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By: Sara Mason
Posted: December 6, 2010, from the December 2010 issue of GCI Magazine.
page 4 of 6Sugarcane-derived plastic is made from a renewable resource using an innovative process that transforms sugarcane into high-density polyethylene plastic. It is said to be completely recyclable in current reprocessing facilities. The technology is similar to that used for Coca-Cola’s 30% plant-based PlantBottle, which uses sugarcane- and molasses-derived PET. The usage of the new material represents another step in the company’s commitment to environmental sustainability and the development of sustainable innovation products through its work with external partners. The plan is the result of more than three years of work, research and collaboration with trusted partners to innovate in the realm of sustainable packaging materials. “This innovation is truly consumer-driven,” said Rushmore. “It was designed to meet the needs of consumers who want more sustainable products without trade-offs. This new packaging has significant environmental benefits compared to traditional plastics, but looks, feels and acts exactly the same, and will be sold at the same price as before.’’
And changes from a giant like P&G is a sure sign of change in the mainstream marketplace. Mirel continues developing bioplastic materials to replace petroleum polymers. Mirel’s bioplastic materials are made through the fermentation of corn sugar, and can be biodegraded by the microbes present in natural soil or water environments. The material combines the expected durability and versatility of traditional petroleum-based plastics with biodegradable properties, providing brand owners with a unique material for use in their products. Mirel can be fabricated into compact cases, lipstick cases, mascara containers, lip balm tubes, brush handles, jars and caps. The products are currently available, and several cosmetic companies are trying the materials to see if they fit with their products. The company expects to see the materials used in beauty packaging and on the shelves in the near future.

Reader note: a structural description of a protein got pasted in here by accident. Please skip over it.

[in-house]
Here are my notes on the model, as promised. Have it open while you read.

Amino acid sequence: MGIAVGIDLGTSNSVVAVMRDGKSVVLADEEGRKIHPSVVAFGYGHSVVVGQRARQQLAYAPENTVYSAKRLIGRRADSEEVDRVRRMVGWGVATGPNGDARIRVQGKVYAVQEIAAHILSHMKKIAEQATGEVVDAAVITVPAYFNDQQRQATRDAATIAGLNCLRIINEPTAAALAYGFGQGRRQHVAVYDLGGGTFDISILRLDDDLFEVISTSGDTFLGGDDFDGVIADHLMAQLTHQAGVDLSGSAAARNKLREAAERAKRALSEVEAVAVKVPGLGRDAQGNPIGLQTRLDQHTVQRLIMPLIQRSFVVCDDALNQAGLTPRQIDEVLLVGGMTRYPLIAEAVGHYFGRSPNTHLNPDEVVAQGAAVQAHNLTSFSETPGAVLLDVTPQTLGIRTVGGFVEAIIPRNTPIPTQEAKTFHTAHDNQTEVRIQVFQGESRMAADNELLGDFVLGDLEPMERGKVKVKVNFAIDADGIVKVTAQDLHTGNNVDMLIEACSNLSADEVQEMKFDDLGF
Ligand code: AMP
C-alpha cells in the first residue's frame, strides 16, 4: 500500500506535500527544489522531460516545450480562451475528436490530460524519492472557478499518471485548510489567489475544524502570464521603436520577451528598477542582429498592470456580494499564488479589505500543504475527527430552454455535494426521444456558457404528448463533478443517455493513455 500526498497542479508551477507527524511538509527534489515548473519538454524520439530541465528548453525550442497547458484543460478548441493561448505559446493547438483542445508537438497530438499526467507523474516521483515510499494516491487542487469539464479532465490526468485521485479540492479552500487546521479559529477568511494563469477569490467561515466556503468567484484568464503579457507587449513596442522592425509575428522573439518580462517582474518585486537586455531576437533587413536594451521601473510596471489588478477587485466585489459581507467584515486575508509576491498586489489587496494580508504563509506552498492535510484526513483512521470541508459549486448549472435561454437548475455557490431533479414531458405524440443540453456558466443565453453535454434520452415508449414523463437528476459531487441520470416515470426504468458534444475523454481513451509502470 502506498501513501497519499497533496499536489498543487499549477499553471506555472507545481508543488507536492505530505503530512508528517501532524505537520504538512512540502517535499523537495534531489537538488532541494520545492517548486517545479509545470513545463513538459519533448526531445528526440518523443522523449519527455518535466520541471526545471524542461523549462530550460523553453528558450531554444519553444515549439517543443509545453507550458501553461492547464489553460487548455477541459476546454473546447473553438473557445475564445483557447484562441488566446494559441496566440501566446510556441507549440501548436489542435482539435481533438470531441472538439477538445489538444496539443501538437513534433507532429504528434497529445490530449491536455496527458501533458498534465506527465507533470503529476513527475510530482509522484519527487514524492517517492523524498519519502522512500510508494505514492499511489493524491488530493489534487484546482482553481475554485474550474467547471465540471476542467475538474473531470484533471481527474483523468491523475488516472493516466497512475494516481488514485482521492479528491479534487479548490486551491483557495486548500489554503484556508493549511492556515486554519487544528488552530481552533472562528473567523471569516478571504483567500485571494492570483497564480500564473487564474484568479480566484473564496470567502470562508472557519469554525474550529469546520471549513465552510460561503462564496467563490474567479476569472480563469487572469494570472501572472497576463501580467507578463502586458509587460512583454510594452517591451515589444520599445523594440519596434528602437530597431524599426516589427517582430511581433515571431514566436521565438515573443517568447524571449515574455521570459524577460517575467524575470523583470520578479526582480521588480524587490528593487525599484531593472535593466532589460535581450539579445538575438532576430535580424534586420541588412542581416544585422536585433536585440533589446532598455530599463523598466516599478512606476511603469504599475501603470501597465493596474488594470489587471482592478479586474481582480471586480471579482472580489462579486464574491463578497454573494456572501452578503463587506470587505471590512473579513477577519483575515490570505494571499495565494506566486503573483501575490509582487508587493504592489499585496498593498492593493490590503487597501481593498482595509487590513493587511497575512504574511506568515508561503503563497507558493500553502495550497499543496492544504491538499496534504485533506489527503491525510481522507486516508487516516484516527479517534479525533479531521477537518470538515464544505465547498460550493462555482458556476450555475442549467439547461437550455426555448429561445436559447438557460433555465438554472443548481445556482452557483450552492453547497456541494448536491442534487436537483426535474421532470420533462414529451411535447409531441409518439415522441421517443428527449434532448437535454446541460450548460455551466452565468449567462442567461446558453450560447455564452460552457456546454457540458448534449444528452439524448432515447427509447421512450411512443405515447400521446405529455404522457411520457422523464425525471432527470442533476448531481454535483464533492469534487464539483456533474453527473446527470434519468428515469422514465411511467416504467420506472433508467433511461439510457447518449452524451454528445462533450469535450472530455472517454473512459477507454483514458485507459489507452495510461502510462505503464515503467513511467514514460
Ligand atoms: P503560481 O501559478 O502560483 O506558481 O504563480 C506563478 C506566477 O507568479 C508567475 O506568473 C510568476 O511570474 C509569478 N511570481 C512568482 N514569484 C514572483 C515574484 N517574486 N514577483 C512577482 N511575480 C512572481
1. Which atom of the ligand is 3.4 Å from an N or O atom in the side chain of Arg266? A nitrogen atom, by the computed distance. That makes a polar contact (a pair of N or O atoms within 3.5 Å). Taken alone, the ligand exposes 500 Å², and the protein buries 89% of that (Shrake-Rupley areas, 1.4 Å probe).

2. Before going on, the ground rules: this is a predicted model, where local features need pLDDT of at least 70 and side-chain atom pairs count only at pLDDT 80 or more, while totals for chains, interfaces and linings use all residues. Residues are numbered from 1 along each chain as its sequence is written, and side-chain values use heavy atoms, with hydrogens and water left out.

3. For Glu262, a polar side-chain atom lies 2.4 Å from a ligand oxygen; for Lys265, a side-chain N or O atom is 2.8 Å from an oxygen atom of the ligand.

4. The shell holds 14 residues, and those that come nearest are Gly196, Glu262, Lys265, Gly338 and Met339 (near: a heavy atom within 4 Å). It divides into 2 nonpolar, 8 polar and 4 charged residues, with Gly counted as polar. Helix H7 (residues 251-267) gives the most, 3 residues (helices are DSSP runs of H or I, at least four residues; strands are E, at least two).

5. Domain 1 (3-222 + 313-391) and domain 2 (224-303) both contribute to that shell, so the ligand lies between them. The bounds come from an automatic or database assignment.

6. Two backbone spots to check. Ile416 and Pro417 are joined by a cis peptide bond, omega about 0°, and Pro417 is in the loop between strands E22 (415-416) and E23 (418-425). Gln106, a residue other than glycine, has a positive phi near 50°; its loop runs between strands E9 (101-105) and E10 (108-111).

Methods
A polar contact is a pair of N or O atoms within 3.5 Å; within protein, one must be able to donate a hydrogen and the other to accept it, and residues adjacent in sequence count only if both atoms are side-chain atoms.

Cereplast, Inc. designs and manufactures proprietary starch-based, renewable plastics as well, and the company is making a breakthrough with plastic made from algae. The algae-based resins carry the potential of replacing 50% or more of petroleum content used in traditional plastic resins.
Cereplast says the algae is close enough to the starches— such as corn, wheat and tapioca—that the company already turns into plastics. The problem is not the science, it’s the demand. Getting enough of the resource to produce mass quantities is the challenge. However, Frederic Scheer, chairman and CEO, said the company has identified a partner that potentially could provide a steady supply and is entering into a strategic partnership for this technology platform.
“Algae-based resins represent an outstanding opportunity for companies across the plastic supply chain to become more environmentally sustainable and reduce the industry’s reliance on oil,” said Scheer. With Cereplast on target in terms of timing, he believes that this breakthrough technology could result in a significant future for algae in packaging.